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OP-ED: What justifies a war?

  • Published at 10:12 pm September 12th, 2021

Nations have always built narratives around the wars they have waged

The just war theory is a doctrine having deep bearing on military ethics. It has been a great concern of military leaders, men of theology, ethicists, and policy-makers over the ages. Everyone has tried to analyze from their own point of view whether a war was morally justified before involving into one.

There are two distinct aspects -- the right to go to war (jus ad bellum) and the right conduct of war (jus in bello). While the first one was the concern of the legitimate ruler or king, being advised by his courtiers, the second one primarily was the concern of the military leaders and their led. Of course, a third and very important aspect transpired much later in the study of warfare. That is the post-war settlement and reconciliation (jus post bellum).

Virtues of soldiering have been recognized across the ages. Wars are waged in the national interest. Hence, there is a thinking that individuals may not regret if they have to commit themselves to war once the decision has been made at the appropriate level. It is also held that though war may be leading to evil, it can be lessened to a great extent through its right conduct. The ancient Egyptians used to invoke their gods while entering into war, and believed to have received commands of war through  deities.

Aristotle approved war as a last resort, and held military training necessary to avert being enslaved by others. To the ancient Romans, war was justified to repel invaders, and they followed ritualized declaration for such events.

According to Christian belief, war may be necessary, though it may not be good. Saint Augustine held that, while individuals should not resort immediately to violence, God has given the sword to government for good reason.

In the Mahabharata, there is a discussion of the five Pandavas to ascertain the righteousness of war, which is termed as Dharma Yuddyha. They came up with some criteria such as not attacking people in distress, no poison or barbed arrows be used, and a fair treatment to captives and the wounded. Sikhism alike approves war in religious or righteous causes and emphasizes on peace and non-violence.

As held in Confucianism, warfare could be launched as a last resort, by a rightful sovereign having an unquestionable authority and that success justifies the means.

Americans are believed to be a God-fearing nation, doing everything in the name of God. Abraham Lincoln concluded his famous Gettysburg address by saying, “that this nation, under God, shall have a new birth of freedom -- and that government of the people, by the people, for the people, shall not perish from the earth.” The US presidents are sworn in with the holy book. The US currency note comes with the inscription “In God We Trust.”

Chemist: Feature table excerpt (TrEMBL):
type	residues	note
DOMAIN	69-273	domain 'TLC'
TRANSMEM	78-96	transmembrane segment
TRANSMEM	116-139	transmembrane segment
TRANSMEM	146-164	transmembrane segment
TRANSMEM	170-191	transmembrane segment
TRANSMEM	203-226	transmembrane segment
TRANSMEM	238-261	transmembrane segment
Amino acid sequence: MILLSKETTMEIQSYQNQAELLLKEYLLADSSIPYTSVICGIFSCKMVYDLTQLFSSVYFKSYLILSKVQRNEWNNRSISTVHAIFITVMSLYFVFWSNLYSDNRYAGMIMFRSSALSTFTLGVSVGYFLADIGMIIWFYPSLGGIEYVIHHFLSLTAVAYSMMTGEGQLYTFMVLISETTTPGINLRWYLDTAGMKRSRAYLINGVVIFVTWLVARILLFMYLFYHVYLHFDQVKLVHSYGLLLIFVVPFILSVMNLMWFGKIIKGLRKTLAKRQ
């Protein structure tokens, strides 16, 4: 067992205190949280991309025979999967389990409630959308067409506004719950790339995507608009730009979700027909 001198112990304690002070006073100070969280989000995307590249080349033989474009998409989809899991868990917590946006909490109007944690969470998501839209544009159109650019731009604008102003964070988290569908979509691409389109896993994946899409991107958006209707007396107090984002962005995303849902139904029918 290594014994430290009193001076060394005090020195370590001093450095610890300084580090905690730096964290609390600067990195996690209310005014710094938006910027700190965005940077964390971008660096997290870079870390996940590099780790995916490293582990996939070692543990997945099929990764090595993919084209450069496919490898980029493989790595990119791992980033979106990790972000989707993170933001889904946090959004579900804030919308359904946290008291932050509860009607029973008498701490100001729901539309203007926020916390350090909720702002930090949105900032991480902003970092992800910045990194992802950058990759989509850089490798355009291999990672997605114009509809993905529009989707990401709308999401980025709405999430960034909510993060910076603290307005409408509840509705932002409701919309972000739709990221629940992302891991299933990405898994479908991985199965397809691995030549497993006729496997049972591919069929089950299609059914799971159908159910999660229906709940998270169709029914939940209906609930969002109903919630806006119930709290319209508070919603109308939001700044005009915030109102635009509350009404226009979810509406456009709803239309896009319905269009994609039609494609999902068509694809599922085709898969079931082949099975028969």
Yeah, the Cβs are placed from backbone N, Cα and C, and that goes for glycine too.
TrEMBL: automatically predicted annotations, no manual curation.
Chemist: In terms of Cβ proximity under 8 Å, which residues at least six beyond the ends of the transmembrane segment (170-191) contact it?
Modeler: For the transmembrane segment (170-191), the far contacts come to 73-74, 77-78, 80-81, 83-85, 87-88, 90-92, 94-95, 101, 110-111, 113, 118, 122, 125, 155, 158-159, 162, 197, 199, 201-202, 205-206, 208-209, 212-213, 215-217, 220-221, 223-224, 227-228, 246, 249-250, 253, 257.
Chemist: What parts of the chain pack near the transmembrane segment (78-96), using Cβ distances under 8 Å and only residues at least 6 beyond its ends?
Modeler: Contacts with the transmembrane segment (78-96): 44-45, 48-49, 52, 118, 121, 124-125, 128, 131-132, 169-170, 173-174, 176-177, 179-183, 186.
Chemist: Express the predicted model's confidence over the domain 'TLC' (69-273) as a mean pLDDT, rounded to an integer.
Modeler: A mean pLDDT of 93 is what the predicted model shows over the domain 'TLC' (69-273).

US Armed Forces view the aspects of spiritual and moral well-being of soldiers with due diligence. US Corps of Chaplains is the largest in the world, providing the most well-structured faith-based service. Nourishing the living, caring for the wounded, and honouring the dead is the motto of the chaplains.

The idea of just and unjust war impacts soldier psychology and spirit. In this connection, in one of my interactions with a group of US chaplains in 2011, I raised the question as to how they address the issue of just and unjust wars. They were a little embarrassed, but their ultimate stand was, for soldiers, any war they are ordered in, is a  just war.

They view “the just cause to wage war,” as the exclusive domain of their statesmen and political masters. Once the decision is made and they are thrown into the warzone, their duty is to ensure the right conduct in war by not resorting to any excess.

There are US veterans who fought in Iraq, Libya, Somalia, Afghanistan, and now realize that theirs was not actually a righteous cause. Saddam did not have WMD, Afghanistan did not actually pose any threat to the US deserving such massive retaliation, and neither did Libya constitute any tangible threat to the US. It is heartening that there are a lot of discussions on the issue, which has generated awareness even among the most warmongering nation, the US.

People have started questioning the rationale of joining such unnecessary and unjustified warfare. People now probably can see through the games of regime change, democratization, vis-à-vis the cost of so many millions of lives.

The US, ever since its inception of nationhood, remained engrossed in wars around the globe most of the time, which they always termed as noble. Their involvement has always been painted as fighting for justice, democracy, and fighting against terrorism and dictatorship.

But by now, the global conscience can see through the game to unearth the real motive behind all these wars and conflicts, including ascertaining their actual beneficiaries.

Americans had grossly overlooked, ignored, and trivialized the massive losses in terms of the death of millions of victims as “collateral damage.” With the haze of deception getting clearer, they cannot afford to bury all the innocent dead and the debris of massive destruction anymore, shrouded in this crafty vocabulary.

Brig Gen Qazi Abidus Samad, ndc, psc (Retd) is a freelance contributor.

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